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Brighton misfire as Gary O’Neil steers progressive Wolves to draw | Premier League


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This was a performance to savour for Gary O’Neil, even if Wolves couldn’t quite make it the perfect night for their manager and ­travelling ­supporters by recording a fourth ­successive top-flight win for the first time in more than 50 years.

When these two teams last met back in August at Molineux, such was Brighton’s dominance that Roberto De Zerbi’s side found themselves 4-0 up after only 55 minutes. But five months on, Wolves showed the rapid progress they have made under the former Bournemouth manager – only leaders Liverpool have taken more points since the start of December – and perhaps should have snatched the victory had their forwards been more clinical in the dying minutes.

“We looked like a team and we stuck together at a ground that is very difficult to come to,” said O’Neil, whose side face West Brom in a Black Country derby in the FA Cup this weekend. “If anyone isn’t already aware of the importance of that game then we will make sure they are by Sunday.”

Yet on a night when James Milner surpassed Ryan Giggs in second place on the list of most Premier League appearances, Brighton also lacked a cutting edge in front of goal as they were held to a second successive stalemate in the Premier League. They may have set a top-flight record of nine matches unbeaten here but this still felt like a big opportunity missed.

“I’m disappointed – we didn’t play the best game but we created the ­conditions to win,” reflected De Zerbi, who admitted that his side are ­struggling with a lengthy injury list. “To be in seventh place after the ­problems we have had this season, we should be very proud.”

Milner’s inclusion from the start meant that only Gareth Barry has now made more Premier League appearances, with the 38-year-old having racked up 633 since his debut for Leeds back on 10 November 2002 when he was only 16. With only 20 to go before he catches Barry, you wouldn’t bet against him achieving it. “I’ve hopefully got a few more in me,” said Milner. “I’ve had some luck, I’ve worked hard and you have to enjoy it to put the work in every day. I’ve been fortunate to play for some great clubs.”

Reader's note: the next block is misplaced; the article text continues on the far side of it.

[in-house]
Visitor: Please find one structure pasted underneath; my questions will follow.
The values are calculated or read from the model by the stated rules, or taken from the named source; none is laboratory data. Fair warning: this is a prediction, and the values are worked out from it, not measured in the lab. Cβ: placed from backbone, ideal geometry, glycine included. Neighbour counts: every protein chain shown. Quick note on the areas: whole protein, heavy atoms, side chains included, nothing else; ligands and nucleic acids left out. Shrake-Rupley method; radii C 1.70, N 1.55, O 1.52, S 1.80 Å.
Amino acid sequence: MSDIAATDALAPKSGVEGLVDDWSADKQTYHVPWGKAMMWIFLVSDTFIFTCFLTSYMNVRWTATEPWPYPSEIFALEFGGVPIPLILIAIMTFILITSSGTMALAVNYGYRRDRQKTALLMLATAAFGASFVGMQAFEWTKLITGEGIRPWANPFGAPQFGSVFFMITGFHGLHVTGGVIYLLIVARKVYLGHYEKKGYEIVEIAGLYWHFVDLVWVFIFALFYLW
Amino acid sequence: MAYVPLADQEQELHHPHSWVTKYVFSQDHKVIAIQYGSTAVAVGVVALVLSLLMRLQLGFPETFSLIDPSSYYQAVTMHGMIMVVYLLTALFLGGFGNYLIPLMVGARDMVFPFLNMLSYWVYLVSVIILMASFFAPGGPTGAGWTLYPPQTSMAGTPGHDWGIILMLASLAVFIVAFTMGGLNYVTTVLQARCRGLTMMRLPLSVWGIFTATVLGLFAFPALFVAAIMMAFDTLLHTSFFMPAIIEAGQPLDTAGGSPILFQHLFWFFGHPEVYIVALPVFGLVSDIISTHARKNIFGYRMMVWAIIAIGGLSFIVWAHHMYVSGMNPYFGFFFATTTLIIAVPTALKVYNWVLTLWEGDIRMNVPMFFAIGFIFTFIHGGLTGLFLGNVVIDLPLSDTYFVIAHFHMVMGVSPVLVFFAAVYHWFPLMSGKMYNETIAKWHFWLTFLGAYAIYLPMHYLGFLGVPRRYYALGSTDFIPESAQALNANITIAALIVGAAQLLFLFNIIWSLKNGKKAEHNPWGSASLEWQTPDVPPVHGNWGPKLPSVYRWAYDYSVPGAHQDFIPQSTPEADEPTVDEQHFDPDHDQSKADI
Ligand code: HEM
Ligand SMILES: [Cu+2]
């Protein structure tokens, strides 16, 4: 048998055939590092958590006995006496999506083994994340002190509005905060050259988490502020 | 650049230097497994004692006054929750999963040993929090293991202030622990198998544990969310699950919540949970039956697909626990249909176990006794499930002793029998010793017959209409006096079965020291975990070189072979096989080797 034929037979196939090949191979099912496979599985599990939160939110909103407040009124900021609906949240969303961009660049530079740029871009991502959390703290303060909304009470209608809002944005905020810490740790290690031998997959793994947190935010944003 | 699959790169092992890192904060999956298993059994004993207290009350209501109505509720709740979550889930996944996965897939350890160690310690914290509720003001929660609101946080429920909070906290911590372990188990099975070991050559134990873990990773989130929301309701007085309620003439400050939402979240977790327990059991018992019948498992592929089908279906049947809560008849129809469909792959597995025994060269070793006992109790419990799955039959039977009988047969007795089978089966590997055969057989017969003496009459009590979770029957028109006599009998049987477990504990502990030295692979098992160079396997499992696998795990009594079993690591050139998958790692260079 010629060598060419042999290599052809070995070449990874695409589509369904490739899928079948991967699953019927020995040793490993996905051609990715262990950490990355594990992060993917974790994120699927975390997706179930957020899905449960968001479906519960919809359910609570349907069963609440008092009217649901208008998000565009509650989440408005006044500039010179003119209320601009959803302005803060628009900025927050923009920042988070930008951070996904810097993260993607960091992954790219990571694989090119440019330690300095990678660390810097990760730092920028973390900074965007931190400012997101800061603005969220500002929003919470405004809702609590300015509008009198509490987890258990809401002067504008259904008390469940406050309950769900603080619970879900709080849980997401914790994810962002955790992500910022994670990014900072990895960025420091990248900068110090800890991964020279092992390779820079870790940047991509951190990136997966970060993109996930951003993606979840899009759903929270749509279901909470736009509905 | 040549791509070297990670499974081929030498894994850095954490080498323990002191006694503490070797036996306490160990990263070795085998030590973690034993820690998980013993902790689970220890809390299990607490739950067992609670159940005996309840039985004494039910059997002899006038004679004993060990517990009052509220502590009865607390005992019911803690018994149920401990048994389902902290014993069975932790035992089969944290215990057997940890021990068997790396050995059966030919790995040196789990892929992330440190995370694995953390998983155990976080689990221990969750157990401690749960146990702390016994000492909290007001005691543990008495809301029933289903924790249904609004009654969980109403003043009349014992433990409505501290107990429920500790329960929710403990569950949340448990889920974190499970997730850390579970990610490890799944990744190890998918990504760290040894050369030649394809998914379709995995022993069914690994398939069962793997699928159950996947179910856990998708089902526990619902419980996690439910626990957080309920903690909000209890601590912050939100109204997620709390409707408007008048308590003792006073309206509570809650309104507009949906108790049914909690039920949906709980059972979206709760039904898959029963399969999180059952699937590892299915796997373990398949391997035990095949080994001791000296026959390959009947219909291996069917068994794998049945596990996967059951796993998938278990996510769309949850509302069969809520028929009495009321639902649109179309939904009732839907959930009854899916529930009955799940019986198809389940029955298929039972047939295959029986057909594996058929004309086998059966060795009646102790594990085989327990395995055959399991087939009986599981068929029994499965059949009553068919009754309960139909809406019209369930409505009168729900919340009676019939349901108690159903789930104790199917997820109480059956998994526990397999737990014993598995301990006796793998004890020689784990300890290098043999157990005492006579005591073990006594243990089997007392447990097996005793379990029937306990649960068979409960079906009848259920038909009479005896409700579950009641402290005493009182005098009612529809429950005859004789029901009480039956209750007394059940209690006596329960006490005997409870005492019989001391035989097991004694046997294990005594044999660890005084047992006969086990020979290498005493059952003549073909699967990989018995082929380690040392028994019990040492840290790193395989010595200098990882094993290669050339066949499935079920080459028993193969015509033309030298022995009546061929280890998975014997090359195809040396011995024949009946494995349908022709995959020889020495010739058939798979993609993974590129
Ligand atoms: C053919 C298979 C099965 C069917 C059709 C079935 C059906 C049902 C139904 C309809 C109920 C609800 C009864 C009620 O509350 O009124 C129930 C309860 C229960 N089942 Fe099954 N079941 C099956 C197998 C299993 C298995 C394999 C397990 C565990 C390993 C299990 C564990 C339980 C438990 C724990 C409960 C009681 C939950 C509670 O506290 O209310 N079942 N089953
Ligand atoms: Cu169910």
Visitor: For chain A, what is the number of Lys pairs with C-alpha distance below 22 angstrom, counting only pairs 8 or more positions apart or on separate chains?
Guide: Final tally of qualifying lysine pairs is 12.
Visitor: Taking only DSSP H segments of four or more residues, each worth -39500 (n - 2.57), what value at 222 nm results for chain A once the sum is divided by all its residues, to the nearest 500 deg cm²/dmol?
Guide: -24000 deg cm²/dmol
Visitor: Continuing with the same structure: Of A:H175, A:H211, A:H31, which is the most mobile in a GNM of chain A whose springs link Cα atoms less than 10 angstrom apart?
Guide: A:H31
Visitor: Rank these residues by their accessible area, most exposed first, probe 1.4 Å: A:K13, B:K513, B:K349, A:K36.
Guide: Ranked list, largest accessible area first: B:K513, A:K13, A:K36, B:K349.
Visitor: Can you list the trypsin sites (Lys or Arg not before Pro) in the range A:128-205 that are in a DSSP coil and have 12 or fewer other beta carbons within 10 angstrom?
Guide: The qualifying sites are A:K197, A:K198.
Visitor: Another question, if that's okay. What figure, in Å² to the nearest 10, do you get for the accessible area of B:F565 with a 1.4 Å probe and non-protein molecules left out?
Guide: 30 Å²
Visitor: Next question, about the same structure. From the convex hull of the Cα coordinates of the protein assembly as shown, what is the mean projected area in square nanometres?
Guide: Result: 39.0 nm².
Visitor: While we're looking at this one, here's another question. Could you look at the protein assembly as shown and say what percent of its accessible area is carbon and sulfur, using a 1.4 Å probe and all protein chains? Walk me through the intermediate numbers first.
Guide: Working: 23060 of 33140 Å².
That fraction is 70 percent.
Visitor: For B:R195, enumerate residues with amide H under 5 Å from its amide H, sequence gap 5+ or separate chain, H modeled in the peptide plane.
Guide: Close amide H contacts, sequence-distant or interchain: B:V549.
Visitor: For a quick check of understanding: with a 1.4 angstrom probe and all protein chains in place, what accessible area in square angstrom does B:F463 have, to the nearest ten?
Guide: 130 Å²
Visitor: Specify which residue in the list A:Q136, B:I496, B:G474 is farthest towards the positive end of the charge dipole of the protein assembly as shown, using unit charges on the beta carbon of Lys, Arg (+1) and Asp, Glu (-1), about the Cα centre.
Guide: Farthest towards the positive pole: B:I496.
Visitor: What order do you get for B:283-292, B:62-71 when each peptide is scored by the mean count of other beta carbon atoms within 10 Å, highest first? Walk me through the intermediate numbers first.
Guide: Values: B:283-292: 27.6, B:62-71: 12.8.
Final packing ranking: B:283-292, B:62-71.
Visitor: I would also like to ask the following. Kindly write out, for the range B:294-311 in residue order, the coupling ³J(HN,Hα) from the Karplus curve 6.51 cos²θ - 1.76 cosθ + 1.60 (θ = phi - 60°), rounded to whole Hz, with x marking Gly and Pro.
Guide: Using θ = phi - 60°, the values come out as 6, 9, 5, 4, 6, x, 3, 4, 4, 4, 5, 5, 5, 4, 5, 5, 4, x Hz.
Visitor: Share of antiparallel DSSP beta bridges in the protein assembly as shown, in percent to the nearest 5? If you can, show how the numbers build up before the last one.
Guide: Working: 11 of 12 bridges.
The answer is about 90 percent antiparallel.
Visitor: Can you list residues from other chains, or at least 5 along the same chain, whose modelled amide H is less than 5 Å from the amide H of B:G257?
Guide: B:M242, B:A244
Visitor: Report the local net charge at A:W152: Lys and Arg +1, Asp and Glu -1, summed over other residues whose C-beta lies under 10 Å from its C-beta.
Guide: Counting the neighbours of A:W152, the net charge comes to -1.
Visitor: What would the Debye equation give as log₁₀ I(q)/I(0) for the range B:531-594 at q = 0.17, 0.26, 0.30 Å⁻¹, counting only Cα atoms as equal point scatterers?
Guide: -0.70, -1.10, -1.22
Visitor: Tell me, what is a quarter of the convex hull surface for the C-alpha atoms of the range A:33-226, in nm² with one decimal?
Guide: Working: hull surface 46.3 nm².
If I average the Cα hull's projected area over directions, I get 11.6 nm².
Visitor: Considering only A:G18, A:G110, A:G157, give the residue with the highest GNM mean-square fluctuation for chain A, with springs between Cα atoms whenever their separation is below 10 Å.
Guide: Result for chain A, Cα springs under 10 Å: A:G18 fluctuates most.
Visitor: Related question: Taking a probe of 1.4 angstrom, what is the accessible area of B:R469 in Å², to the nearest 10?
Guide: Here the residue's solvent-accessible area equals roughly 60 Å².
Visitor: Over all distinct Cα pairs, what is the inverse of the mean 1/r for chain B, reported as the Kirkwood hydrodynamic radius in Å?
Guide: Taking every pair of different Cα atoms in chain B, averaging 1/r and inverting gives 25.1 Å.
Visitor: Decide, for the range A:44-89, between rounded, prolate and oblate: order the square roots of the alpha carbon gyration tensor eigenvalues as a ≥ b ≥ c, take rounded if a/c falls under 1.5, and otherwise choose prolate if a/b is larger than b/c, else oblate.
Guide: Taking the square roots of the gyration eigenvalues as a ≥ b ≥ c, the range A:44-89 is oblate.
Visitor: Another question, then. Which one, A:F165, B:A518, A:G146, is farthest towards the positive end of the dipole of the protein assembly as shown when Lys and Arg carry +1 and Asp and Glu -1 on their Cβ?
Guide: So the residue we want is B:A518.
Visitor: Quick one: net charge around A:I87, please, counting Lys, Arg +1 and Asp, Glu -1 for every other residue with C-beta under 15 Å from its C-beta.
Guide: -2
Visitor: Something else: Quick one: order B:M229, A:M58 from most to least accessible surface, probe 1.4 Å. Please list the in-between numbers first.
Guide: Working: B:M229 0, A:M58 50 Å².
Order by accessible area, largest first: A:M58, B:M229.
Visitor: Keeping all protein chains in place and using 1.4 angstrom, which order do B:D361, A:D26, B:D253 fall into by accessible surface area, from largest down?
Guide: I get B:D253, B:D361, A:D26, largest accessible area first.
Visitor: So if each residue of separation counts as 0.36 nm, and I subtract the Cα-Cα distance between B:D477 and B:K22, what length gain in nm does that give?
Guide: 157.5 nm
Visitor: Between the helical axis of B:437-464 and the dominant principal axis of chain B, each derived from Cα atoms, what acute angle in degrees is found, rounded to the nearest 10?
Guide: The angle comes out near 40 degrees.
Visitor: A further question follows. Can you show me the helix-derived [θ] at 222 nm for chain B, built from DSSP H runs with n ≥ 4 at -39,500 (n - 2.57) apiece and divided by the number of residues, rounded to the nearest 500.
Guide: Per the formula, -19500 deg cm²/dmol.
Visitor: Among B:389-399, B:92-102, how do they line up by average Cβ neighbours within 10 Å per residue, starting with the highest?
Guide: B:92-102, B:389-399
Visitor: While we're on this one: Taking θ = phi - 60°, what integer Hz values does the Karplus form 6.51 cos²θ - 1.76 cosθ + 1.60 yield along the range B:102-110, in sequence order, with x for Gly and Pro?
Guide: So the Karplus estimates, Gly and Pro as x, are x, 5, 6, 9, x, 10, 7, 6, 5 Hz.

The absence of Kaoru Mitoma and Simon Adingra on international duty meant De Zerbi deployed the former England international on the left flank but even Milner would acknowledge that his days as a rampaging winger are long gone. Brighton laboured in attack throughout against a well-organised Wolves team that made use of Pedro Neto’s considerable pace on the break on his first start since the end of October in an unfamiliar central striker role.

O’Neil had acknowledged beforehand that this game would be a test of whether his side can push “towards the next level” after a season that has so far exceeded expectations. Having weathered an early storm when Milner came close to getting on the end of cross at the back post and Facundo Buonanotte then somehow failed to direct his header on target from a similar position after Danny Welbeck’s flick on found him unmarked, Neto was inches away from giving Wolves the lead with a curling shot from outside the box.

Mario Lemina and Matheus Cunha embrace after Wolves’ hard-earned draw. Photograph: Jack Thomas/WWFC/Wolves/Getty Images

There was a heated moment when Craig Dawson clashed with Billy ­Gilmour just before half-time, with De Zerbi briefly squaring up with O’Neil before tempers were quickly cooled. Yet Matheus Cunha didn’t help ­matters after being booked for ­kicking out at Gilmour when he ­continued his protests as the ­players made their way down the tunnel.

The Brazil forward almost began the second half with the perfect riposte after a mazy dribble from Neto played him in but Jason Steele blocked the first shot and was relieved to see him blaze over from close range. It required a last-ditch tackle from Nélson Semedo to deny João Pedro a shooting opportunity before Max Kilman turned a cross from Jack ­Hinshelwood against his own post, even if the Brighton defender appeared to have been offside.

De Zerbi’s side have racked up more passes than any other team in the Premier League this season but they still lack incisiveness – something Neto could not be accused of. He was a constant menace on the break and Steele had to be fully alert to turn his cross from a tight angle away to safety.

Milner’s evening was brought to an end with the introduction of Adam Lallana with 20 minutes to play, although it was Wolves who had the chances to snatch the victory late on as Brighton piled forward in search of a winner.

Neto dragged his shot wide of the target after finding space down the right flank for the umpteenth time before Mario Lemina latched on to Matheus Cunha’s pass but couldn’t find a way past Steele to emulate Bill McGarry’s 1972 side.



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